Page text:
Climate Negotiators Should Forget Historical Responsibility and Focus On Research, Standards and Trade, CIGI Report Says

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Climate negotiators should “forget about assigning guilt” and instead focus on international cooperation and measures that will reduce carbon emissions, according to a new report from The Centre for International Governance Innovation (CIGI).

In the CIGI policy brief Hot Air, Guilt and Arbitration, Barry Carin and Nicole Bates-Eamer explore the impasse in the United Nations Framework Convention on Climate Change (UNFCCC), between rich industrialized “Annex 1” countries and poorer and developing — but including China and India — “Non-Annex 1” countries.

With the two groups unable to agree on which one is more responsible for causing climate change based on current or historical cumulative CO2 emissions and what financial transfers should be awarded as a result, Carin and Bates-Eamer take the novel approach of positing that a “single final offer arbitration” process would likely result in the rejection of financial transfers — in either direction.

The authors write: “The question of financial transfers and climate finance should be taken off the negotiation table. To prevent future communiqués from the UNFCCC process being filled with euphemisms for disagreement, the finance question should be moved to a different venue and focused on humanitarian assistance for adaptation.”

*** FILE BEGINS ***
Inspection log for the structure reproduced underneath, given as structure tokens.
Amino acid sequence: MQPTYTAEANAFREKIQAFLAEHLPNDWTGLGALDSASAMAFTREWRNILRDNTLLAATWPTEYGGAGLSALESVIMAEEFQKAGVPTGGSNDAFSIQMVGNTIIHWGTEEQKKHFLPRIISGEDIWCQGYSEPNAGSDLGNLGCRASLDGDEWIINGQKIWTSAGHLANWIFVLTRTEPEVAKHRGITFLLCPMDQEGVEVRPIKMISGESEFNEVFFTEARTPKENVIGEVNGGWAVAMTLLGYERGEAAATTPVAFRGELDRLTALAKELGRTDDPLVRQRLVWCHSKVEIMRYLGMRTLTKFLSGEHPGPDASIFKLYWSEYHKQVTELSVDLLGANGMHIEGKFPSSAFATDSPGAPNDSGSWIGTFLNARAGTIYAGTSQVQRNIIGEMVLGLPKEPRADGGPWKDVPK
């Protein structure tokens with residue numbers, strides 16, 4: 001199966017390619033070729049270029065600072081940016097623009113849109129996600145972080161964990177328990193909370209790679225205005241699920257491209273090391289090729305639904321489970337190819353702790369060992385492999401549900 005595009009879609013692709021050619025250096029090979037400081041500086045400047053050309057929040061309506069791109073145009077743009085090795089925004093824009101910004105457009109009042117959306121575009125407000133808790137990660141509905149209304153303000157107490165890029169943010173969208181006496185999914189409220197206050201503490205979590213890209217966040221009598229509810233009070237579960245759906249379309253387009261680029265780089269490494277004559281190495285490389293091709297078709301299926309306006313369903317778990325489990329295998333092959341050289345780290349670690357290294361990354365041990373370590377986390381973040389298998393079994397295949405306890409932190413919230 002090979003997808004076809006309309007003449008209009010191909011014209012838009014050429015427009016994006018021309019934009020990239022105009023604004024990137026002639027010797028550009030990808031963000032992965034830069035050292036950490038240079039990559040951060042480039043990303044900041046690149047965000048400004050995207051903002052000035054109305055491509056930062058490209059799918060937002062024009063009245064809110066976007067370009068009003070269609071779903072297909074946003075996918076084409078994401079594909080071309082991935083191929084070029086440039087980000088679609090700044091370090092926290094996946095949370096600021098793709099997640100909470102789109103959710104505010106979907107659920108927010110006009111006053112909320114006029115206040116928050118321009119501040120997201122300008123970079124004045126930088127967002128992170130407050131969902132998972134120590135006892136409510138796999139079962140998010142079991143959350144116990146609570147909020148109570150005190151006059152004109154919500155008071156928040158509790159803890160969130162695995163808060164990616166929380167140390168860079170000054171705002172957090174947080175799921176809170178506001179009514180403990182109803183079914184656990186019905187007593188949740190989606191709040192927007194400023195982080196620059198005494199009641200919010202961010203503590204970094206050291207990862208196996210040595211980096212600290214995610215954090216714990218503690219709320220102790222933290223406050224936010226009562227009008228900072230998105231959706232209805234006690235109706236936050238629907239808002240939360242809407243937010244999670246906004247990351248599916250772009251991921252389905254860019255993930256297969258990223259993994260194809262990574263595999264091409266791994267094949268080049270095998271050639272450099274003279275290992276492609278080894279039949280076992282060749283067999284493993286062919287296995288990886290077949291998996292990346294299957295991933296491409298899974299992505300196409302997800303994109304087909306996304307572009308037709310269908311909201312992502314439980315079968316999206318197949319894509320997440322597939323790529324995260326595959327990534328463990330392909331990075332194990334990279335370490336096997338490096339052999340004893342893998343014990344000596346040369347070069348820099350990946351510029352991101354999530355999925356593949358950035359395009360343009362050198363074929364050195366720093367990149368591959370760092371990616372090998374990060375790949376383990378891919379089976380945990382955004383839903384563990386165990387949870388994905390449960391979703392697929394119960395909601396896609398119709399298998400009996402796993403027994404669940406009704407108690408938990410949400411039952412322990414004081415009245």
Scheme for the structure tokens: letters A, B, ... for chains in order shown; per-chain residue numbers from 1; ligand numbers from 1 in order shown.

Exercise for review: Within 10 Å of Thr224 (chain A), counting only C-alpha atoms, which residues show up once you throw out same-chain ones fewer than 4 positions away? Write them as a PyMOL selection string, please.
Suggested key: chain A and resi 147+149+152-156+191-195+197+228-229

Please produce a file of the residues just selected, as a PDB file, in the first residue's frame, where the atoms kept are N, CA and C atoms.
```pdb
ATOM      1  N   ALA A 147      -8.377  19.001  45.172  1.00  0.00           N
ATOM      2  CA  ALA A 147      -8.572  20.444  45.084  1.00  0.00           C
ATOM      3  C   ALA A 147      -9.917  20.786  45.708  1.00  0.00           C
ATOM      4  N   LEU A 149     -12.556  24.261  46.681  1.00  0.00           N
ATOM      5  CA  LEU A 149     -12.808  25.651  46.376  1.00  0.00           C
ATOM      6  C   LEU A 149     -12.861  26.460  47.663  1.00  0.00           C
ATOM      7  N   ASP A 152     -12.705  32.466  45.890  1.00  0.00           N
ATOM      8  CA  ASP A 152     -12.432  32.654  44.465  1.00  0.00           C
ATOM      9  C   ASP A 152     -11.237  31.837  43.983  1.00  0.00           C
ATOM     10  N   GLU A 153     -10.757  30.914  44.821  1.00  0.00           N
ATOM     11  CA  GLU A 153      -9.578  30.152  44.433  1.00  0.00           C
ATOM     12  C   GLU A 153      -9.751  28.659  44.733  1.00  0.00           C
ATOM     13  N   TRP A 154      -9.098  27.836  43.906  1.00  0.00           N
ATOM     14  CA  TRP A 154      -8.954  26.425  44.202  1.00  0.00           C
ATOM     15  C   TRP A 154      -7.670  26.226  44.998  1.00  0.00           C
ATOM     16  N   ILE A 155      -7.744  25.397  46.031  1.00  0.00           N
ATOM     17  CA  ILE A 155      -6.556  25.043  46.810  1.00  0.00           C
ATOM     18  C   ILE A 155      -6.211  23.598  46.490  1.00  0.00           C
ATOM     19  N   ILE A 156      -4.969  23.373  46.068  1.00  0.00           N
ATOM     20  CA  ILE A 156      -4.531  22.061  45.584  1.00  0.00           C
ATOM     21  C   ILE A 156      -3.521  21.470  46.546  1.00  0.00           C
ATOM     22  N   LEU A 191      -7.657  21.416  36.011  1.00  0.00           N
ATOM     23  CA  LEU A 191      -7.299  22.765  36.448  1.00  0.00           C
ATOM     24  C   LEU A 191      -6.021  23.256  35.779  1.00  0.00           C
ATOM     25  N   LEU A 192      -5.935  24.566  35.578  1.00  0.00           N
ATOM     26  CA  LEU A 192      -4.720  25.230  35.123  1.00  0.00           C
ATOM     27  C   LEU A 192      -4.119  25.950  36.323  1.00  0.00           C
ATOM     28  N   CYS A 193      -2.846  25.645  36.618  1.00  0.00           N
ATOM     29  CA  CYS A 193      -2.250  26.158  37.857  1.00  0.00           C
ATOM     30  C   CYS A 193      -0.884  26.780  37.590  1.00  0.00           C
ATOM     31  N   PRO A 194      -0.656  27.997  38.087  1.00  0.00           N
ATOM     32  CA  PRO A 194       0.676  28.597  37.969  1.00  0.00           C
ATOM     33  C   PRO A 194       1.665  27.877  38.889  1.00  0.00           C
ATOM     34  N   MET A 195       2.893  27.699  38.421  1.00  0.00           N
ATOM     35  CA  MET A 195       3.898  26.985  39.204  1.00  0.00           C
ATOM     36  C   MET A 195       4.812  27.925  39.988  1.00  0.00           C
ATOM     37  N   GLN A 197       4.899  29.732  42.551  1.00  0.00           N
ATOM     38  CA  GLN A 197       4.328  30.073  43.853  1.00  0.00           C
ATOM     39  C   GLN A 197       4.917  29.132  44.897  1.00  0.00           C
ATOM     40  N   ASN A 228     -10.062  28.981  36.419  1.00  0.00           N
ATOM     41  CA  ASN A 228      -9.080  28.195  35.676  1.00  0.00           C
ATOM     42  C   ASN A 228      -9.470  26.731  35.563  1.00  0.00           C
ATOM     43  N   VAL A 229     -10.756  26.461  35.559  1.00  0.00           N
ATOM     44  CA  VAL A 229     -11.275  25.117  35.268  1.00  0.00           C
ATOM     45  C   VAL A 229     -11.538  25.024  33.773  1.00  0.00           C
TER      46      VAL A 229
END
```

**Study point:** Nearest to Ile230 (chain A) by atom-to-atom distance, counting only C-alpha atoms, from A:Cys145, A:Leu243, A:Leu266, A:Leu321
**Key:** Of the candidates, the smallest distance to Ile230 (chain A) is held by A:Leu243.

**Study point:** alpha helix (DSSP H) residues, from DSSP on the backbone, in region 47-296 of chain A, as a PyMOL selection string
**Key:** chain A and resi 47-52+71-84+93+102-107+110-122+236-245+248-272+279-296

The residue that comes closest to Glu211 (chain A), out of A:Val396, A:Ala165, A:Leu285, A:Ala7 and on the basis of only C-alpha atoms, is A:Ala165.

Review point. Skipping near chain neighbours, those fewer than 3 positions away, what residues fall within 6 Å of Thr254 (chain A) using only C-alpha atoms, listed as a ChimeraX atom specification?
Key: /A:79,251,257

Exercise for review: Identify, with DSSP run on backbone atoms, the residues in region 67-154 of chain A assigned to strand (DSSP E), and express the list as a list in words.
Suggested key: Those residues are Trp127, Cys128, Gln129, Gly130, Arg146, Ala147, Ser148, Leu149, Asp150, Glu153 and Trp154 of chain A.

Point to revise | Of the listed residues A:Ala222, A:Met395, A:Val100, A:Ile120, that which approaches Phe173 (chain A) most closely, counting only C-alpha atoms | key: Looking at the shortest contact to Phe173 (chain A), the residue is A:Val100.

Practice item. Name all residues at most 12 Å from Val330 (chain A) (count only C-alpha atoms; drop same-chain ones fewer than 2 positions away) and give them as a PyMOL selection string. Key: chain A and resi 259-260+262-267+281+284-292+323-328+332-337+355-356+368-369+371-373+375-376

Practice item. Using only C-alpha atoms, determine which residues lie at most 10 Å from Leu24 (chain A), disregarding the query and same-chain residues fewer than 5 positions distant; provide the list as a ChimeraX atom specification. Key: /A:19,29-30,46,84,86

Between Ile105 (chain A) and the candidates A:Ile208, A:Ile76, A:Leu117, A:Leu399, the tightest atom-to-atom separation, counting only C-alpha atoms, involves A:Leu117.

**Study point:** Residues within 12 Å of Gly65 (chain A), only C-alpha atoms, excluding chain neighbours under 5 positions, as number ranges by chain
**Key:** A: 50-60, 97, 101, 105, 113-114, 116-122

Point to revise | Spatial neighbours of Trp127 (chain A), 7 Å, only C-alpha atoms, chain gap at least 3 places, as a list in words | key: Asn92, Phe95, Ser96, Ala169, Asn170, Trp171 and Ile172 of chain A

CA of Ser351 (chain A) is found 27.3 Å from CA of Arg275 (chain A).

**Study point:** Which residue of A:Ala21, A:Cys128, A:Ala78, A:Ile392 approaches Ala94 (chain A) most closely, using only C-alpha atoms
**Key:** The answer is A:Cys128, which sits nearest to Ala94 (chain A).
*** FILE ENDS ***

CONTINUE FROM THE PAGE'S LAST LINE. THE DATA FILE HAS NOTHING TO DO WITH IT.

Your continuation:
They recommend that climate negotiations instead focus on “international cooperation on research, on standards, and trade and other measures that will reduce carbon emissions.”

For more information on Hot Air, Guilt and Arbitration, including a free PDF download, visit:


Barry Carin has served in a number of senior official positions in the Government of Canada and played an instrumental role in developing the initial arguments for the G20 and a leader’s level G20. A senior fellow at CIGI, Barry brings institutional knowledge and experience to his research on the G20, international development, energy and climate change.

Nicole Bates-Eamer is currently managing the Borders in Globalization project at the University of Victoria. Previously, Nicole worked as an independent research consultant on CIGI’s Toward a Post-2015 Development Paradigm project. She has also worked on climate change governance, G8 and G20 reform, post-2015 development goals and internationally in development.


Declan Kelly, Communications Specialist, CIGI

Tel: 519.885.2444, ext. 7356, Email: dkelly (at) cigionline (dot) org

The Centre for International Governance Innovation (CIGI) is an independent, non-partisan think tank on international governance. Led by experienced practitioners and distinguished academics, CIGI supports research, forms networks, advances policy debate and generates ideas for multilateral governance improvements. Conducting an active agenda of research, events and publications, CIGI’s interdisciplinary work includes collaboration with policy, business and academic communities around the world. CIGI was founded in 2001 by Jim Balsillie, then co-CEO of Research In Motion (BlackBerry), and collaborates with and gratefully acknowledges support from a number of strategic partners, in particular the Government of Canada and the Government of Ontario. For more information, please visit


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Declan Kelly
Centre for International Governance Innovation
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